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Public digital note-taking in lectures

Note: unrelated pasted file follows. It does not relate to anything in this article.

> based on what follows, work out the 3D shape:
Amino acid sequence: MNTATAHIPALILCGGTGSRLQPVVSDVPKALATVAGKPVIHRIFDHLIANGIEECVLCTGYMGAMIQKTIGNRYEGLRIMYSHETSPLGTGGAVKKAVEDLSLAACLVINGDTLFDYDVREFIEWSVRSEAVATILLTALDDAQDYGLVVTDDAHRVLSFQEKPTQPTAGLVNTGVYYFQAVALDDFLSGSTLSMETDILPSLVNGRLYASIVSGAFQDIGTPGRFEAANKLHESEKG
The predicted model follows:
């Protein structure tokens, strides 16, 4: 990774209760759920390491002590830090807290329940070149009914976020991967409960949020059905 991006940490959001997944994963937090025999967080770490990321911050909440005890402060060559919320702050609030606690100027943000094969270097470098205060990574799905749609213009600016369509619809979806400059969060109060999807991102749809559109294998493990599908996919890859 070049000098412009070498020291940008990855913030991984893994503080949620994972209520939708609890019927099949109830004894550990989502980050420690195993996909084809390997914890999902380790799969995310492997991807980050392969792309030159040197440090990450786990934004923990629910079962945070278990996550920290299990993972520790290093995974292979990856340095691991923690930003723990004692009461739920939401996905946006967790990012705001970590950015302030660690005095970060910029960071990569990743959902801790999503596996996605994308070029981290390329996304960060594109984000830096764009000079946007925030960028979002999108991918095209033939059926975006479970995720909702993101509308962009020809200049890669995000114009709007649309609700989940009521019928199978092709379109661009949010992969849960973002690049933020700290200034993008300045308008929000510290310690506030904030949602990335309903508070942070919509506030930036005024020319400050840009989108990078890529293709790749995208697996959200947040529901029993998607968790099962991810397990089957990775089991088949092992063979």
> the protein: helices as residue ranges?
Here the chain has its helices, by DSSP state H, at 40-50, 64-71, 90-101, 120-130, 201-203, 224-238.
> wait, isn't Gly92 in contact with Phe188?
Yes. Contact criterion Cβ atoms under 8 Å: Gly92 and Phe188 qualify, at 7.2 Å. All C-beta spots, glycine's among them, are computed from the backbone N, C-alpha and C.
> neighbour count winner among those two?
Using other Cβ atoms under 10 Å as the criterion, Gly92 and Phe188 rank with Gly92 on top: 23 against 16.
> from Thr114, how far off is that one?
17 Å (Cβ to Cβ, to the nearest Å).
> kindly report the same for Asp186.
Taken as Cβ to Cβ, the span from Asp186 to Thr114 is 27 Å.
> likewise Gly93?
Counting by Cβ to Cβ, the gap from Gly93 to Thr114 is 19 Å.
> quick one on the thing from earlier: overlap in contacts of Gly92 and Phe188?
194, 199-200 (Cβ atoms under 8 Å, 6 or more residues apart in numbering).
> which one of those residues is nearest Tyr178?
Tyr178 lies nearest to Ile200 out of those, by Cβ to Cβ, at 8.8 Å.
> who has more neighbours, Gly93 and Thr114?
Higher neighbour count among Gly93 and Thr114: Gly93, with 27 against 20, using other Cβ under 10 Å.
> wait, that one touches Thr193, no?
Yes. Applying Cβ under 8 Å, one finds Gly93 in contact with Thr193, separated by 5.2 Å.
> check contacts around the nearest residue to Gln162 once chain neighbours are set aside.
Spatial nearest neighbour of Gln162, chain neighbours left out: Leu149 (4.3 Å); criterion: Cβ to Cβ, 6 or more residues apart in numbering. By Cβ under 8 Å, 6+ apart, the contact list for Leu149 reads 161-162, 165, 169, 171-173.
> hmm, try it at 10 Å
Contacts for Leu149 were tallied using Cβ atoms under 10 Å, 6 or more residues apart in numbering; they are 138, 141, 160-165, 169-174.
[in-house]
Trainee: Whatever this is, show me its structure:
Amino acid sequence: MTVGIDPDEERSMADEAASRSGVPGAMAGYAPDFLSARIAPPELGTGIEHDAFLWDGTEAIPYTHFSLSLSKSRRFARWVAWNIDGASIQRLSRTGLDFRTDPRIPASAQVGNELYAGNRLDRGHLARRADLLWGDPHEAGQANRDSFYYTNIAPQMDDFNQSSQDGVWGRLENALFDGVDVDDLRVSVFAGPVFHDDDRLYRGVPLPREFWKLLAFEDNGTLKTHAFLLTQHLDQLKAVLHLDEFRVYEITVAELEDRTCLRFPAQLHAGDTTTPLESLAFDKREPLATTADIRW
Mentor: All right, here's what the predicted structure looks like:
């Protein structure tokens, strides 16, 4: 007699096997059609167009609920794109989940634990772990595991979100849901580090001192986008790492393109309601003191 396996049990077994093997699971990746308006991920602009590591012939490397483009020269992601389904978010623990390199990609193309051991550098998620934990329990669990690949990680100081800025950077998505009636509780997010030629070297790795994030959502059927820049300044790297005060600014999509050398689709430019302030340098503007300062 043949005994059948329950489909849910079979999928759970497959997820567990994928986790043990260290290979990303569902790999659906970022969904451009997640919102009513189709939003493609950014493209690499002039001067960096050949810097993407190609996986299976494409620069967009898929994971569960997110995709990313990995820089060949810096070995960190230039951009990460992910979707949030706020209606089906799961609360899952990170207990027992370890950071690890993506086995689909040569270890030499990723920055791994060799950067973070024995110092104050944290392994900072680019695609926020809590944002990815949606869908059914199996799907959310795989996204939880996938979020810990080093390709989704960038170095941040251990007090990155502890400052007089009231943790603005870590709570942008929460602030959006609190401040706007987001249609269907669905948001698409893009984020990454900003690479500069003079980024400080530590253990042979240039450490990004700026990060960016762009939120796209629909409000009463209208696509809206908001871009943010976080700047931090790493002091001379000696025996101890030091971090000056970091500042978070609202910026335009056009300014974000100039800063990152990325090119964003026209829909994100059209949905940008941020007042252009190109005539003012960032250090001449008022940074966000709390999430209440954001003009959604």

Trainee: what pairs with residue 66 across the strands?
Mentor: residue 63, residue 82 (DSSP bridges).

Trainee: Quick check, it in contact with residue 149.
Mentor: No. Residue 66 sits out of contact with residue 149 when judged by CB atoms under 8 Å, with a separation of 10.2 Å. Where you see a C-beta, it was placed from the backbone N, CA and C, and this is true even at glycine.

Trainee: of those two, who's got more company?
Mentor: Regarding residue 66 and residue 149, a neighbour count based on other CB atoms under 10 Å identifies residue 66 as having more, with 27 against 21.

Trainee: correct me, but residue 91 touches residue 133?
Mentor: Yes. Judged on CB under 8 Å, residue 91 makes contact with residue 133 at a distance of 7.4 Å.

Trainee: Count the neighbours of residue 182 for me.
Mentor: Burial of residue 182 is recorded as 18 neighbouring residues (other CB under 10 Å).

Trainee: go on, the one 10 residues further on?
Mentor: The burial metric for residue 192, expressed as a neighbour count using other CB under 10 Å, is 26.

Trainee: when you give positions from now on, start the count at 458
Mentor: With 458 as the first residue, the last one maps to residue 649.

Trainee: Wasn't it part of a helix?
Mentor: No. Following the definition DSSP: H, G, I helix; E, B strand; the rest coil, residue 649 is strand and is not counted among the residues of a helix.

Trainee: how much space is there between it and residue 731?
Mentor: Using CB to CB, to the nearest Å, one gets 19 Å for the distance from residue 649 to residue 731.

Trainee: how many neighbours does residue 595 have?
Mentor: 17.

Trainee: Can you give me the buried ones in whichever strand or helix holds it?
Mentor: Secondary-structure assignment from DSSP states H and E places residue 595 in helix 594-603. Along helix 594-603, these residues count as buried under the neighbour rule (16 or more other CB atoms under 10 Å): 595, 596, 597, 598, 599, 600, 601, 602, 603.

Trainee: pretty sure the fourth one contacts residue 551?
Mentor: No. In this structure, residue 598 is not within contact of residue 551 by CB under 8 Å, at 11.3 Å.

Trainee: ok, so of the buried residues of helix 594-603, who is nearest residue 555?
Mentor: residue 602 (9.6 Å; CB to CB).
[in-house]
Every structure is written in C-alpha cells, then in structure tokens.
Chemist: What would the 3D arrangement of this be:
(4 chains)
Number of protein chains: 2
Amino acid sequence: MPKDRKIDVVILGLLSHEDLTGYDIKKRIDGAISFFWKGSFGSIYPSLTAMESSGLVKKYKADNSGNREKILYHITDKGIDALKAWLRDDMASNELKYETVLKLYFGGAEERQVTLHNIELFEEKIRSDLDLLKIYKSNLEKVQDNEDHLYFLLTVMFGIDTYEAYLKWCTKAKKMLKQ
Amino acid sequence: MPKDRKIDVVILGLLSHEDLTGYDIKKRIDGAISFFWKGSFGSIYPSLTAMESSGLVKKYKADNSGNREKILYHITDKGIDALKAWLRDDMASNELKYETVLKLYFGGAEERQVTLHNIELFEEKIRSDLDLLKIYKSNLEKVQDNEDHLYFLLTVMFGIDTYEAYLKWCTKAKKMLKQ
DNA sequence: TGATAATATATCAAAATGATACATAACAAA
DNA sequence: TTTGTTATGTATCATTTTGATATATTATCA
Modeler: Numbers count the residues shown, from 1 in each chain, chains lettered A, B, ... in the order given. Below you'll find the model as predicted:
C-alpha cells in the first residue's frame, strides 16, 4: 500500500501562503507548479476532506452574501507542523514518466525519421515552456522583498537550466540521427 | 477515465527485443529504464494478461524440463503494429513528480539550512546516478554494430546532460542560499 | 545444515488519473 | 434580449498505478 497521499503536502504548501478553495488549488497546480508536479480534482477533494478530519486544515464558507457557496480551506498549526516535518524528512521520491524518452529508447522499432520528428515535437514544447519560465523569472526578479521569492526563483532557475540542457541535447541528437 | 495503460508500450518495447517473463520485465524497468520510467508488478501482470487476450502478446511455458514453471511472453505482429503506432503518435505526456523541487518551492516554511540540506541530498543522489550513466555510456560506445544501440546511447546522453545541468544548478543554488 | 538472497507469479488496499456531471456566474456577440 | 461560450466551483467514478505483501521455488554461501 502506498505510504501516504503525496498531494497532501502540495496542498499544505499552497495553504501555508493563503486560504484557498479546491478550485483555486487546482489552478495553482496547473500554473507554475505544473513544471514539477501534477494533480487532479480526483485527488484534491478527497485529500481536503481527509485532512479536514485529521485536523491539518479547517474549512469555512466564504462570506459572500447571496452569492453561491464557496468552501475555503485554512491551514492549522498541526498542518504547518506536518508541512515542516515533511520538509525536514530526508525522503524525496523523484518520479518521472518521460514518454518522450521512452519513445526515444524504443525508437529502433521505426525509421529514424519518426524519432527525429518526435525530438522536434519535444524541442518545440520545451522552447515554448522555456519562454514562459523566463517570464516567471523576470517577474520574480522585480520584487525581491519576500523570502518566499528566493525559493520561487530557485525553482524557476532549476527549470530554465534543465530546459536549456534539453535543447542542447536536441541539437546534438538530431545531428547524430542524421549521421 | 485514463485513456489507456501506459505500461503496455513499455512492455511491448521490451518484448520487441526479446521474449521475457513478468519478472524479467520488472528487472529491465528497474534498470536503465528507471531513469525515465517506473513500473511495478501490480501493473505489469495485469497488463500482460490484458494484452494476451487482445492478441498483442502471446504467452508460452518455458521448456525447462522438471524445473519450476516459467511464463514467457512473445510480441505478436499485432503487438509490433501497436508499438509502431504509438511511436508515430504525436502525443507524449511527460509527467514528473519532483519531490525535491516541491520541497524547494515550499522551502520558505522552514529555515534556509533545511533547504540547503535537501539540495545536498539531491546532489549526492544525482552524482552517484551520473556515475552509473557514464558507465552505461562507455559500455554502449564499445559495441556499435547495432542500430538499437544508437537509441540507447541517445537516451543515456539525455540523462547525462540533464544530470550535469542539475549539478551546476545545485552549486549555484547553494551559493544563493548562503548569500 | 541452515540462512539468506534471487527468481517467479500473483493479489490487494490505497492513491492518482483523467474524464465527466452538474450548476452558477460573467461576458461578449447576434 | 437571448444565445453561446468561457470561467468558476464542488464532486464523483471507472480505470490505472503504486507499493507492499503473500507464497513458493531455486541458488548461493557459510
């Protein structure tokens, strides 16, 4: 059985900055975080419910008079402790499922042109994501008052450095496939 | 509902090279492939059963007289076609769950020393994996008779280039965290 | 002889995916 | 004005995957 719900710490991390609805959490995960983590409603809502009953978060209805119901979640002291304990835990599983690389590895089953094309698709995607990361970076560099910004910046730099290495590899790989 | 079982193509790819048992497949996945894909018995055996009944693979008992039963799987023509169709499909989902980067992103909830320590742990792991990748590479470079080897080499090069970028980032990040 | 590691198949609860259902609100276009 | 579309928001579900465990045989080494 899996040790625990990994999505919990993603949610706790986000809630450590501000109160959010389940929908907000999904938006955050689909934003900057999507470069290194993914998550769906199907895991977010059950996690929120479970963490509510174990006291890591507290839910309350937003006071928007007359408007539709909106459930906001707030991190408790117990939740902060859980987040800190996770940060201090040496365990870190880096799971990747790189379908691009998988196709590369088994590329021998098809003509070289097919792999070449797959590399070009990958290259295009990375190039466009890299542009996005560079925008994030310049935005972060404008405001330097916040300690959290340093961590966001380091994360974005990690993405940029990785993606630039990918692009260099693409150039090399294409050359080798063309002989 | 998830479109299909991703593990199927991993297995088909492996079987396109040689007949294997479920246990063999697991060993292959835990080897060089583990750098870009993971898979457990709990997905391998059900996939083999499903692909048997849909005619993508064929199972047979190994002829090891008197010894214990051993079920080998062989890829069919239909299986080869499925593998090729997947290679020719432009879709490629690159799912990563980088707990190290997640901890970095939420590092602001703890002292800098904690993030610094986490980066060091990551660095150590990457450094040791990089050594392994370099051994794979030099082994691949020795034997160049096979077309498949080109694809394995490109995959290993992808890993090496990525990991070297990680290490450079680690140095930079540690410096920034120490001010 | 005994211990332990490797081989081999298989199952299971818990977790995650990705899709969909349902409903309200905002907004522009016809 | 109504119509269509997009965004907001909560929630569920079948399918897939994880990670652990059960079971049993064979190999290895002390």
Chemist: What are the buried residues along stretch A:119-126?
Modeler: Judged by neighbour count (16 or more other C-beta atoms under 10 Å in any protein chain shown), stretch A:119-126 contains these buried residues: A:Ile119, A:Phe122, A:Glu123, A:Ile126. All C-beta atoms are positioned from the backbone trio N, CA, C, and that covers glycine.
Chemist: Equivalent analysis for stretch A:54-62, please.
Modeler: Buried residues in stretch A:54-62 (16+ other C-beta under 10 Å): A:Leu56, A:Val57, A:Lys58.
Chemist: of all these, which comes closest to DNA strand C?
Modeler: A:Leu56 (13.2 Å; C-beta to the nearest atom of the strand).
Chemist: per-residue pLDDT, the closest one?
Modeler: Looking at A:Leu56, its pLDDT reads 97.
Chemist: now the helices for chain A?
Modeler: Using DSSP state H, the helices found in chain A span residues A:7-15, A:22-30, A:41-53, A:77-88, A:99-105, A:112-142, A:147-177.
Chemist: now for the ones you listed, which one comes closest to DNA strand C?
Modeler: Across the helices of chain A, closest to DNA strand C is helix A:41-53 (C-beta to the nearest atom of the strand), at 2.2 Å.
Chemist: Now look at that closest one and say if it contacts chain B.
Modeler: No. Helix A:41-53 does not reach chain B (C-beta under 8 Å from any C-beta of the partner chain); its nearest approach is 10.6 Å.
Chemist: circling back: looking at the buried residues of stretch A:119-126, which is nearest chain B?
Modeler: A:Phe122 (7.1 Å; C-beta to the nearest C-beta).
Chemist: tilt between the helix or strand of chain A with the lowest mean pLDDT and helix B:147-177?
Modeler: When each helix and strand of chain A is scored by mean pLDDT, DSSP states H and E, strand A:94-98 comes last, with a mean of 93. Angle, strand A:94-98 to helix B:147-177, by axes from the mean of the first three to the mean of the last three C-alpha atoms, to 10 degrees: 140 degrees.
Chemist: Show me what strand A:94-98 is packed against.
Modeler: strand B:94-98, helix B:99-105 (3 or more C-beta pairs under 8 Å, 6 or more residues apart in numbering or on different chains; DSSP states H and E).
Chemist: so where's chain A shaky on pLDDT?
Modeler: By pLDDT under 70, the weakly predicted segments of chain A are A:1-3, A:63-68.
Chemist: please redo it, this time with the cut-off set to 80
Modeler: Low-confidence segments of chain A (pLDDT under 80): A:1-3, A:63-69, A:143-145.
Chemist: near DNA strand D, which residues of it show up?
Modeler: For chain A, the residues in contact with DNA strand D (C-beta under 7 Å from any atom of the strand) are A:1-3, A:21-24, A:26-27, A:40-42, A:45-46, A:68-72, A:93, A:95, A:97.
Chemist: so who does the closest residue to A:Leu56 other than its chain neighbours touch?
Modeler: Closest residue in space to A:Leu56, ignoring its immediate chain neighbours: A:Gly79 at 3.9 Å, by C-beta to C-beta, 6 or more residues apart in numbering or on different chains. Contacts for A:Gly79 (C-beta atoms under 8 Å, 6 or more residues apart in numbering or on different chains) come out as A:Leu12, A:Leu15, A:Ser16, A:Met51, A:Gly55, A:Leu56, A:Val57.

Note-taking during lectures is a predominant activity among students. An analysis of current technologies in the classroom using cultural-historical activity theory and social constructivism yields pedagogical opportunities and design challenges. Digital notes provide for low-cost, networked notes that are embedded in lecture materials and extend beyond the classroom. Making notes public allows all students to benefit from individual, selfish actions with minimal cost of sharing. We hypothesize that public digital notes do not disrupt existing classroom dynamics and ingrained note-taking practices and enable active learning, peer learning, and inquiry learning, while sustaining attention, maintaining interest, and minimizing distraction. Public digital notes are democratic in nature and motivating to students. The design space of public digital note-taking includes several dimensions: (1) the form factor can vary based on available technologies, (2) the time of sharing can either be during or after lecture, (3) the percentage of students generating content can vary, and (4) the direction of information flow relative to lecture can also vary. The scope of sharing always includes all of the students in the class. We explore the breadth of this design space with three different projects. (1) NoteBlogs are notes taken by a few self- selected students using Tablet PCs on top of instructor prepared slides. These notes are shared instantaneously during lecture. (2) Collaborative SearchNotes bring outside resources into the lecture. All students can search for lecture terms on the Web and view their peers' findings. (3) Integrative Notes are written with a digital pen on digital paper and imitate traditional student note- taking as closely as possible. This project explores the benefits of superimposed versus juxtaposed notes shared publicly after lecture. These projects support the traditional flow of information from inside the classroom to outside. Also, NoteBlogs supports information flow within lecture and SearchNotes supports the reverse flow from outside to during lecture. User studies of each of these projects suggest that some students will produce content, while the majority will consume the content. Yet, we find that the process of sharing is beneficial to both producers and consumers, whether as a means of explanation, self-expression, or reassurance.

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